Sphaerotheca pannosa and Podosphaera tridactyla cause extensive damage to apricots. We may observe chlorotic spots on infected plants with a characteristic whitish powder resembling flour on leaves, stems, flowers, and mature fruits. Sometimes, on the fruits, these spots take a red-purple color. 

While fruit becomes relatively resistant to new infections after the pit-hardening stage, the farmer should apply suitable fungicides before starting in full bloom. 

Brown Rot (Blossom and Twig Blight)

Brown Rot, caused by the fungus Monilinia (M. fructicola and M. laxa), is the most important disease of the Apricots. The fungus infects flowers, young shoots, and mature fruits, causing a significant decrease in production. 

The farmer should apply proper weed control, plant the trees at safe distances, ensure proper drainage and avoid foliar irrigation. Diseased twigs and mummified fruits should be removed from the tree and the field ground. The general condition of the plants (nutrition and water availability, sun exposure) can also boost their resistance. It is also crucial to use proper sanitation, such as tools disinfection every time we touch the plants. Chemical treatment (2-3 fungicide applications during flowering) is used only if the problem is severe and always under supervision from a local licensed agronomist.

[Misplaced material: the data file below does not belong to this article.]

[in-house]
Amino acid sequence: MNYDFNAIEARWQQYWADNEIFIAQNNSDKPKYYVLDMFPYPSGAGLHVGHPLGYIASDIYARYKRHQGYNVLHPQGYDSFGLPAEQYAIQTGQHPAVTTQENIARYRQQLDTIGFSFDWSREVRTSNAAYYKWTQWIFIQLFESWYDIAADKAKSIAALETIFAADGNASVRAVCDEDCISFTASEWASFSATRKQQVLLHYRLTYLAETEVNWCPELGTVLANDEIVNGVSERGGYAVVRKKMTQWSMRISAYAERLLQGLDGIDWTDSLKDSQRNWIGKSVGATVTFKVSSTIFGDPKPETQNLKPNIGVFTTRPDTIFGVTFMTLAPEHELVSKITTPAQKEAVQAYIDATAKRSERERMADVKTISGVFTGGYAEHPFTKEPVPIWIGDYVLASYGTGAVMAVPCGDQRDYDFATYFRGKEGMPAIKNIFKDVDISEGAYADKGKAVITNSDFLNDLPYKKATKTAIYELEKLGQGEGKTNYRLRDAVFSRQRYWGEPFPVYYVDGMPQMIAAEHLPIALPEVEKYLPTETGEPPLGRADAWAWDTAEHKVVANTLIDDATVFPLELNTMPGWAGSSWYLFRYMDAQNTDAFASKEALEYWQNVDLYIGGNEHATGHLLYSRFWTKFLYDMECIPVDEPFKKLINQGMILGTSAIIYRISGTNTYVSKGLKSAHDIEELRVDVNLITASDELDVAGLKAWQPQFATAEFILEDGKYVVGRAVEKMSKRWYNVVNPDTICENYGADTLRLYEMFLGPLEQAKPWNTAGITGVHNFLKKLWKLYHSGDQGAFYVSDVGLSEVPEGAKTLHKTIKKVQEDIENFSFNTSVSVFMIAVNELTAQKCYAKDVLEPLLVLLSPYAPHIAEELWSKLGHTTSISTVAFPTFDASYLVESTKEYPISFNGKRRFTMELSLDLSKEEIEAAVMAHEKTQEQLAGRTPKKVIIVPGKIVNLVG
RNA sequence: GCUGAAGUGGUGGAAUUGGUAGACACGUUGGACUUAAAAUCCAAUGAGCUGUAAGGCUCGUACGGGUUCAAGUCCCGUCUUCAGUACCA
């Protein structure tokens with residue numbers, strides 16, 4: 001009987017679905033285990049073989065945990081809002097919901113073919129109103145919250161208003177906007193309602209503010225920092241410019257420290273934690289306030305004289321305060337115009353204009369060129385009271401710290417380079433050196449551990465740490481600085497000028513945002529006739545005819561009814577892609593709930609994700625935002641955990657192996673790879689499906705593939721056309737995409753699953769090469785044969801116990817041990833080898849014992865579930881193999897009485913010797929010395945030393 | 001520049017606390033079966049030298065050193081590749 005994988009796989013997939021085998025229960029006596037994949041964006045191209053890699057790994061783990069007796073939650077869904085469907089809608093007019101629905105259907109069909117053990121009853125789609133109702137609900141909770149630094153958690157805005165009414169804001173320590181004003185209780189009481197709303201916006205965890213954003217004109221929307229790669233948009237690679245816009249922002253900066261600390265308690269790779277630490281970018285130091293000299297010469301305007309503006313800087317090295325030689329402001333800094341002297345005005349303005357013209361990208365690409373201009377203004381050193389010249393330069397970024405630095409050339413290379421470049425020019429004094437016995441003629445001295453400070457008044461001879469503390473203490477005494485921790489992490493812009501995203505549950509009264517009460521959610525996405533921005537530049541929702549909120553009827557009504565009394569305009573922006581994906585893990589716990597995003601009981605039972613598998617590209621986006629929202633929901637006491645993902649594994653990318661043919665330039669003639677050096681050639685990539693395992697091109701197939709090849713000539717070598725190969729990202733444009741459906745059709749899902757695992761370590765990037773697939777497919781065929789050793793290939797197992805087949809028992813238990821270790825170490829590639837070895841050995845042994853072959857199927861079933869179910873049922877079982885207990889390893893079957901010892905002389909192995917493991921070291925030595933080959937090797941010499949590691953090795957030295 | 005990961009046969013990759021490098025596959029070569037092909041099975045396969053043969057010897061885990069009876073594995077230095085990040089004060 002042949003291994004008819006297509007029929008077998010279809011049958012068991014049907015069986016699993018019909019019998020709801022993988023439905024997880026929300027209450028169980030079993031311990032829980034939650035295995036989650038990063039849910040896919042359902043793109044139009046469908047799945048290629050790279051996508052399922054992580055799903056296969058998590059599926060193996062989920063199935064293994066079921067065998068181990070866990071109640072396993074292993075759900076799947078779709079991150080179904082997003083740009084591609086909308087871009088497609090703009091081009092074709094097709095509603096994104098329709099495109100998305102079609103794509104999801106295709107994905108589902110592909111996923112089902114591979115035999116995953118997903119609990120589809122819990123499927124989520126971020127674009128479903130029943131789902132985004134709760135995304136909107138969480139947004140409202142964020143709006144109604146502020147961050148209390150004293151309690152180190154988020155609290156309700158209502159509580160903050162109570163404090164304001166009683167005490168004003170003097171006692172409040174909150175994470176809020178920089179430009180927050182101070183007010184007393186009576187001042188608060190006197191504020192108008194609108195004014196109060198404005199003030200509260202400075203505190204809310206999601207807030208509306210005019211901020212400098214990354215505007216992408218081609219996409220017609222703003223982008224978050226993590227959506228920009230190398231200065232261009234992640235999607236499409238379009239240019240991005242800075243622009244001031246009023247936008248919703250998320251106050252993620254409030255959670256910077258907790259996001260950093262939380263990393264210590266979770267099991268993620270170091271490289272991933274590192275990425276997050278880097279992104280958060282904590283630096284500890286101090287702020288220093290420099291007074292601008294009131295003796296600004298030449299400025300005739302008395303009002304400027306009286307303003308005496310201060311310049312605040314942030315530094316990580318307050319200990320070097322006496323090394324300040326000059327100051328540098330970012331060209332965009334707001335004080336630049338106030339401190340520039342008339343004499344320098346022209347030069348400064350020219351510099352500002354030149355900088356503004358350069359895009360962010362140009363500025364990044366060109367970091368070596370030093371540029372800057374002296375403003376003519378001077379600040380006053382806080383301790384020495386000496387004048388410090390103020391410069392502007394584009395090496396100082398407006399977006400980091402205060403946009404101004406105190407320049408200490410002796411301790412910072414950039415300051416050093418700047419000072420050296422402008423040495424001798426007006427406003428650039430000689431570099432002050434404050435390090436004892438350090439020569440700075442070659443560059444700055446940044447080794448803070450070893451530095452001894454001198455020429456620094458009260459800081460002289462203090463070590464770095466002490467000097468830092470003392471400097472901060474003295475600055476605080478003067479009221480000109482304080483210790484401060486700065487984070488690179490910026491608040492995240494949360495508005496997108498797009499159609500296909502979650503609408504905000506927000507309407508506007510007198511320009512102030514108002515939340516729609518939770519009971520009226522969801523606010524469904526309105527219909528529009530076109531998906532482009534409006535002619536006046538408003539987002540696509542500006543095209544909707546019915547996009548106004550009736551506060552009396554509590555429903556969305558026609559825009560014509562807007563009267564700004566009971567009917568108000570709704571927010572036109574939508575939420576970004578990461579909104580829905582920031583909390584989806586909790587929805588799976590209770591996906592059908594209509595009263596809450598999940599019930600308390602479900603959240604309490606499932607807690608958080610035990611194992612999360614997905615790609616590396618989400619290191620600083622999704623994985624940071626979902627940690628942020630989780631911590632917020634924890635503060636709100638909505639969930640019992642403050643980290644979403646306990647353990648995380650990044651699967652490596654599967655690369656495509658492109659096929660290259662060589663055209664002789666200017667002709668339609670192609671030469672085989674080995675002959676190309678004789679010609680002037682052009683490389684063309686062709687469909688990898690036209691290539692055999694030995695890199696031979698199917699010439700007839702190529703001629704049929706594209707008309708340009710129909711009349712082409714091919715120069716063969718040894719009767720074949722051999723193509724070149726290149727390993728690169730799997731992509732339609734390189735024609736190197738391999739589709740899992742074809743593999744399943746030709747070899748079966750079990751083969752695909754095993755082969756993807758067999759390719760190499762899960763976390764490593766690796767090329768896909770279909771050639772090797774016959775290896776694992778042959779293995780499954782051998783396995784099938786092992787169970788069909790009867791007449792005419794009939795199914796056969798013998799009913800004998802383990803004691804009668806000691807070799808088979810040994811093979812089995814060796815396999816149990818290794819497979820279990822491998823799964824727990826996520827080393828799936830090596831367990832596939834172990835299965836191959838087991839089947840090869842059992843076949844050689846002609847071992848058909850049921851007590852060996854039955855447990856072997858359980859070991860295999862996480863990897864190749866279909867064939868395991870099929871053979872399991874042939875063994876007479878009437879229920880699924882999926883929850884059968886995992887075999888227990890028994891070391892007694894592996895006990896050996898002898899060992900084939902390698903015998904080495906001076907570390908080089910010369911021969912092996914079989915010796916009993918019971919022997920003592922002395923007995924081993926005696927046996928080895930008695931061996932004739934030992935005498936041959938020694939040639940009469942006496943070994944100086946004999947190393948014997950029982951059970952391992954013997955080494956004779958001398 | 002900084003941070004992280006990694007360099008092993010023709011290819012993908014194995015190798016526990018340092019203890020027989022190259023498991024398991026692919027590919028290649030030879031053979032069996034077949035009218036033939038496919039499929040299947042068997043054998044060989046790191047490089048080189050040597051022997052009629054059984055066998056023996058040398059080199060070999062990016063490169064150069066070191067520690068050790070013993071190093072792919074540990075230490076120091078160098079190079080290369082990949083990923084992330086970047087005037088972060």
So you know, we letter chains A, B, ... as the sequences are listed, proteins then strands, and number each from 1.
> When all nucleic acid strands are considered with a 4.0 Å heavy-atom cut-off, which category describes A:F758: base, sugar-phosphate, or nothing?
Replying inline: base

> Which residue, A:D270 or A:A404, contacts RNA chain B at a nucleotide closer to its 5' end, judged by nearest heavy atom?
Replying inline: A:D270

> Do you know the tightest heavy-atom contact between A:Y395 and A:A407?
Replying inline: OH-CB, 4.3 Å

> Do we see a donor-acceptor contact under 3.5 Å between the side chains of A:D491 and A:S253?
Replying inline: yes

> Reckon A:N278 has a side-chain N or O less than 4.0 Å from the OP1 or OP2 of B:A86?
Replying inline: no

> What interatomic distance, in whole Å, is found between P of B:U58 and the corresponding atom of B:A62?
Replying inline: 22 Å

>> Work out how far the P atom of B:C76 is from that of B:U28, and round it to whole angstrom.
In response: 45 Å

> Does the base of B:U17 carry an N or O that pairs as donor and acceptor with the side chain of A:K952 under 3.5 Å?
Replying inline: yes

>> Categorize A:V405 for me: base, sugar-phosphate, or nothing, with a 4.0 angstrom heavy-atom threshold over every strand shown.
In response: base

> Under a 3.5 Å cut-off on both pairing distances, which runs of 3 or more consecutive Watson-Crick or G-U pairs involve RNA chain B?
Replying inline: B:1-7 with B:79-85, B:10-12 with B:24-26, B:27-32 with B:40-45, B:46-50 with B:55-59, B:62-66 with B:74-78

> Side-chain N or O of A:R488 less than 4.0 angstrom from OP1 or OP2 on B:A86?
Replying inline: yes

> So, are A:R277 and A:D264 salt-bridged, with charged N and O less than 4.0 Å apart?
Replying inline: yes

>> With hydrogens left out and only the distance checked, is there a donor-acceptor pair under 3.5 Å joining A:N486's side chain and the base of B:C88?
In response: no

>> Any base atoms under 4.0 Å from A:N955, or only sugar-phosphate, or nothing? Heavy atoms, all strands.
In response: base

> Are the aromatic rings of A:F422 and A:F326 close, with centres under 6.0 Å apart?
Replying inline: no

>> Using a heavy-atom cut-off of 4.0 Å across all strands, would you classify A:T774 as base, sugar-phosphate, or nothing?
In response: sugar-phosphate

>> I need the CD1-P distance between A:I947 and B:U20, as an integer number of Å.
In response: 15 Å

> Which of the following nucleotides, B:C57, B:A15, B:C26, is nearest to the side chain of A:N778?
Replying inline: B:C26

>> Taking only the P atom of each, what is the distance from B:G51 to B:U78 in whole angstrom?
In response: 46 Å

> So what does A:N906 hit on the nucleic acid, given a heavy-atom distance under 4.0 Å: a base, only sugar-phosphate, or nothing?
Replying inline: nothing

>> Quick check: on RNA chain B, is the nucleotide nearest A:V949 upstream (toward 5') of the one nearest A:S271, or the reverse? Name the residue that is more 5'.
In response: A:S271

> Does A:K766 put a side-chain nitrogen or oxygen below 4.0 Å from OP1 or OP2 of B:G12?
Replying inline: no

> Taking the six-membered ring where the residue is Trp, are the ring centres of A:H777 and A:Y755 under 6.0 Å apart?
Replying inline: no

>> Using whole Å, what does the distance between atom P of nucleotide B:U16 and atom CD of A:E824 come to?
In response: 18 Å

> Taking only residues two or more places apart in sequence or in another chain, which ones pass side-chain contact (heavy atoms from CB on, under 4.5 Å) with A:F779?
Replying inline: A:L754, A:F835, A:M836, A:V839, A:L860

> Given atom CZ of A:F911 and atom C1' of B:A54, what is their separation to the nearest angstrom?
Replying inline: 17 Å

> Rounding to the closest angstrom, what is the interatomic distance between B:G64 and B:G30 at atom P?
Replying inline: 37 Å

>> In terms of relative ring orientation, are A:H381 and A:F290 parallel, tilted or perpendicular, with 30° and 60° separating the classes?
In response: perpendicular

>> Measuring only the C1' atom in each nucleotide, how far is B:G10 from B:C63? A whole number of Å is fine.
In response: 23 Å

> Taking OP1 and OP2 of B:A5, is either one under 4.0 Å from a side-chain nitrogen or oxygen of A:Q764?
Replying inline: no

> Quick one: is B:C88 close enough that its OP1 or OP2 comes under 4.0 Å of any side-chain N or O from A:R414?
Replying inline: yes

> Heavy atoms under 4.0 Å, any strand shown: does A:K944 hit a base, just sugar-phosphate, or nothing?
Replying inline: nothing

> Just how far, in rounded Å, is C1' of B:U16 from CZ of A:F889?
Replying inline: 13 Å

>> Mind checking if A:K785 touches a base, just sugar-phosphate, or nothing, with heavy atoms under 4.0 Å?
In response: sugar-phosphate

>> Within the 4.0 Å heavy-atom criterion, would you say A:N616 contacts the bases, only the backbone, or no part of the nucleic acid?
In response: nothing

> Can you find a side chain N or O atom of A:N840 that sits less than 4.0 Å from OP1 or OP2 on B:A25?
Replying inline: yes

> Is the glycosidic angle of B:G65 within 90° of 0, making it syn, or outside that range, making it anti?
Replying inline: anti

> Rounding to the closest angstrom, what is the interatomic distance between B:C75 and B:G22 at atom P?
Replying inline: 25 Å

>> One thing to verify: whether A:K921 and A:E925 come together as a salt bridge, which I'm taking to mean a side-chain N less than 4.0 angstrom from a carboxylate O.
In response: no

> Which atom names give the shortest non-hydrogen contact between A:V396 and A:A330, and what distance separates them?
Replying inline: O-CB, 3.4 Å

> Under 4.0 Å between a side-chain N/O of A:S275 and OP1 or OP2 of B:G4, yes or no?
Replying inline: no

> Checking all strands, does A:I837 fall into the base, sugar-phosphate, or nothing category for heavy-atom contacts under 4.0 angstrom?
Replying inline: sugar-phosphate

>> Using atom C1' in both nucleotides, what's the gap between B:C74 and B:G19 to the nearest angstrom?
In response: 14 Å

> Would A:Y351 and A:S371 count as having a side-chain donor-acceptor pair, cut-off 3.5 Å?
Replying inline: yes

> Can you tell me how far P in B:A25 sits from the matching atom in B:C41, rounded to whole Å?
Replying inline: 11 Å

Sharka

Plum pox, or sharka, is a disease caused by the shark virus, which causes chlorotic spots on leaves combined with yellow rings on the fruits. 

There is no treatment for viral diseases except for buying disease-free plants from a legitimate seller. 

Physiological Anomalies-Disorders

Most producers will face two main physiological anomalies inside their apricot orchards which are:

1. Sunburn

Newly-planted apricots are sensitive to bark sunburns because their young tissues are easily damaged by intense sunlight. Many producers used to paint the young barks with dilute white paint to protect them; however, nowadays, you can find more accurate solutions in the market (consult your agronomist).

2. Gummosis

Gummosis is the oozing of sap from tree barks that are either mechanically injured, stressed, or infected by pathogens. If the symptoms occur since a pathogen like Cytospora canker infects the tree, growers should consult their agronomist for a cure as soon as possible. If the symptoms, however, are not pathogenic, all you have to do is maintain your plants healthy, avoiding stressful conditions and injuries. 

References

https://coststudyfiles.ucdavis.edu/uploads/cs_public/bb/10/bb101479-e0b0-42e4-aeda-5e94ca48ce56/apricotsfreshsjv.pdf

https://extension.usu.edu/pests/research/backyard-apricot-pests

https://www2.ipm.ucanr.edu/agriculture/apricot/

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This post is also available in: Ελληνικά